The outcry that followed the publication of A Groatsworth of Wit—which not only attacked actors but had accused three leading writers of scurrilous behaviour, including (dangerously in these times) atheism—led to Henry Chettle, who had shepherded the work into print ‘at his peril’, issuing an apology before the year was out. Though his prologue to Kind-Heart’s Dream is still widely referred to as ‘Chettle’s apology to Shakespeare’, it is nothing of the sort; not even if you believe that Shakespeare is the upstart Crow.
Biographers are rather attached to the idea that the apology is aimed at Shakespeare, because in issuing the apology, Chettle says a number of pleasant things about one of the people he has upset: that he himself had ‘seen his demeanour no less civil than he excellent in the quality he professes’ and that
‘diverse of worship [i.e. several important people] have reported his uprightness of dealing, which argues his honesty, and his facetious grace in writing, that approves his art’.
There is so little we know about Shakespeare the man, so little personal testimony as to his character, that we are naturally hungry for that gap to be filled. So deep is the need that biographers unconsciously ignore basic logic in order to use Chettle’s words as some kind of biographical hardcore.
IT’S ILLOGICAL, CAPTAIN
In 1998, Lukas Erne was the sixth scholar since 1874 to point out that Henry Chettle’s apology to one of the playwrights who took offence at the contents of Groatsworth of Wit cannot have been aimed at Shakespeare. Chettle describes how the letter in Groatsworth, ‘written to diverse play-makers, is offensively by one or two of them taken’, and then apologises to one of these two, but not the other. Shakespeare cannot be the subject of his apology, since he is not among the group of playmakers, but (supposedly) one of the actors they are being warned about.
Scholars have argued that the two subjects of Chettle’s apology must be Marlowe and Shakespeare because neither George Peele nor Thomas Nashe would have reason to take offence at Groatsworth. Erne demonstrates this is not so: George Peele was a director of courtly pageants and an established poet with a reputation to defend, and it is unlikely he would have appreciated being called upon to ‘despise drunkenness’, ‘fly lust’, and ‘abhor those Epicures, whose loose life hath made religion loathsome to your ears’.
The second defence of Kind Heart’s Dream as an apology to Shakespeare relies upon the false premise that the word ‘quality’ in the phrase ‘the quality he professes’ refers specifically to acting. Of the four instances the OED cites in the period 1590-1630 for ‘quality’ meaning ‘profession, occupation or business’, only one of them refers to acting, and when Shakespeare uses ‘quality’ to refer to a profession in The Two Gentlemen of Verona, the ‘profession’ in question is outlawry.
WHY DOES THIS READING PERSIST?
The commonly held belief that Chettle’s apology is to William Shakespeare is based on an implausible and illogical reading of the text, yet it continues to persist, despite the best efforts of Erne and others before him, for a reason Erne well understands: Shakespearean biography is so bereft of evidence of Shakespeare’s existence on the London literary scene that it cannot afford to abandon any apparent allusion to Shakespeare, even one that doesn’t bear scrutiny.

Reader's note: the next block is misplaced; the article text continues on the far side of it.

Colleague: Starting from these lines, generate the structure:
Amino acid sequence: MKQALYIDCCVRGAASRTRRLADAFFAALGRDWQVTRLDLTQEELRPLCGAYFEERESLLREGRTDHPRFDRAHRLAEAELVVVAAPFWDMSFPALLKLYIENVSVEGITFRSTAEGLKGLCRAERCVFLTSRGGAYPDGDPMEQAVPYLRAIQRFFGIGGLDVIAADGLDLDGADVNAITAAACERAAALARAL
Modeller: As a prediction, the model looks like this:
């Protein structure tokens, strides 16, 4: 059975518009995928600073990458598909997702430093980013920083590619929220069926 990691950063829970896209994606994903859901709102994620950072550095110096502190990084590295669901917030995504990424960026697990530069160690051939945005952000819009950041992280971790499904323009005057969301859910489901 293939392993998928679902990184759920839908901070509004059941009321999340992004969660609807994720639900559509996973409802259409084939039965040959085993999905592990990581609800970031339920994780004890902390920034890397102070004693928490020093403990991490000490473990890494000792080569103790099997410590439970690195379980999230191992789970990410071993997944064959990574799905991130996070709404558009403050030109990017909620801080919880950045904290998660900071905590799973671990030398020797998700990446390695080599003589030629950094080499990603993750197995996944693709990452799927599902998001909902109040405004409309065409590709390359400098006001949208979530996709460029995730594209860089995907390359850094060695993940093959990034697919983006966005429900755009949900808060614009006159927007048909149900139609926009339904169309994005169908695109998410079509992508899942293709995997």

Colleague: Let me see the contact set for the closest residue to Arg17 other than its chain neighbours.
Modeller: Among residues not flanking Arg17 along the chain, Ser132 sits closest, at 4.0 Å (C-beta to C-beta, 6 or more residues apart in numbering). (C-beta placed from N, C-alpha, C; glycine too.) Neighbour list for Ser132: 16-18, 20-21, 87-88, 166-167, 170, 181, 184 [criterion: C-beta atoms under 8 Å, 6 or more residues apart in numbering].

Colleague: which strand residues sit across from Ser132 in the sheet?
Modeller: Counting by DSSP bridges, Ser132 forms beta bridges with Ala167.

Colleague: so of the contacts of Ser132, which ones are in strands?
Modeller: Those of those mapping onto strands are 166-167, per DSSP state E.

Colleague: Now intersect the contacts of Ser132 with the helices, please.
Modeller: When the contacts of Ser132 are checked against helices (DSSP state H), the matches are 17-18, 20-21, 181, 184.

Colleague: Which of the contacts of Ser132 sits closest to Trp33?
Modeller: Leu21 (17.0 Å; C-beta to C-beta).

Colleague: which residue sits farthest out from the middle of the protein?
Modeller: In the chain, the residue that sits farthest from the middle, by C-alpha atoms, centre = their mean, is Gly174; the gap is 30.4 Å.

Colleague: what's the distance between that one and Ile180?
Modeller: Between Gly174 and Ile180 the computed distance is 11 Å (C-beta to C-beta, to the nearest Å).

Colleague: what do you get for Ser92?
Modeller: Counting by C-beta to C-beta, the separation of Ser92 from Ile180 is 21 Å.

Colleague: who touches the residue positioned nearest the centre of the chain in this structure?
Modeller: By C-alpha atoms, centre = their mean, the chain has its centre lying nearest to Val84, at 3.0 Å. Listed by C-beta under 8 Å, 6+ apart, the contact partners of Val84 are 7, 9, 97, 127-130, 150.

‘If we authenticate it,’ says Erne, ‘we have found a crucial milestone on Shakespeare’s artistic and social trajectory. If we don’t, a biographer writing his chapter on Shakespeare’s first years as an actor and dramatist is deprived of one of his most important narrative supports’.
Though prominent Shakespearean Brian Vickers has accepted that Chettle’s apology was not to Shakespeare, most Shakespearean biographers and scholars, desperately in need of meaningful content, have continued to pretend that it was.
In summary, Chettle’s apology is not to Shakespeare, and the upstart Crow is very likely not Shakespeare either, but with the accretion of time and authoritative repetition, both assumptions have hardened into accepted ‘facts’ and essential props of Shakespearean biography that cannot safely be removed lest the roof cave in. Yet the continued reliance on these props by orthodox scholars, and the seeming unwillingness of most of them to question or re-evaluate the evidence, only emphasises the inherent weakness of the orthodox position. The alternative is described by Lukas Erne:
‘Stripping bare our image of Shakespeare of four centuries of (mis-)interpretation is hermeneutically impossible. If it were possible, the results of a biographer might be less than rewarding, both aesthetically and economically. Some of the evidence which generations of Shakespeareans have hardened into fact would become ambiguous, riddled with difficulties. The figure we seem to know might take on shady contours and the character hidden behind it would become difficult to relate to.’ 
It sounds very much like the Shakespeare authorship question.
With Chettle’s apology removed, and the upstart Crow under a serious question-mark, it is time to start reviewing what evidence we have that William Shakespeare of Stratford-upon-Avon was known as a writer.
 Lukas Erne, ‘Biography and Mythography: Rereading Chettle’s Alleged Apology to Shakespeare’, English Studies Vol 79, 1998, p.435.
 The Two Gentlemen of Verona, IV.i.56.
 Lukas Erne, op cit, p.439.
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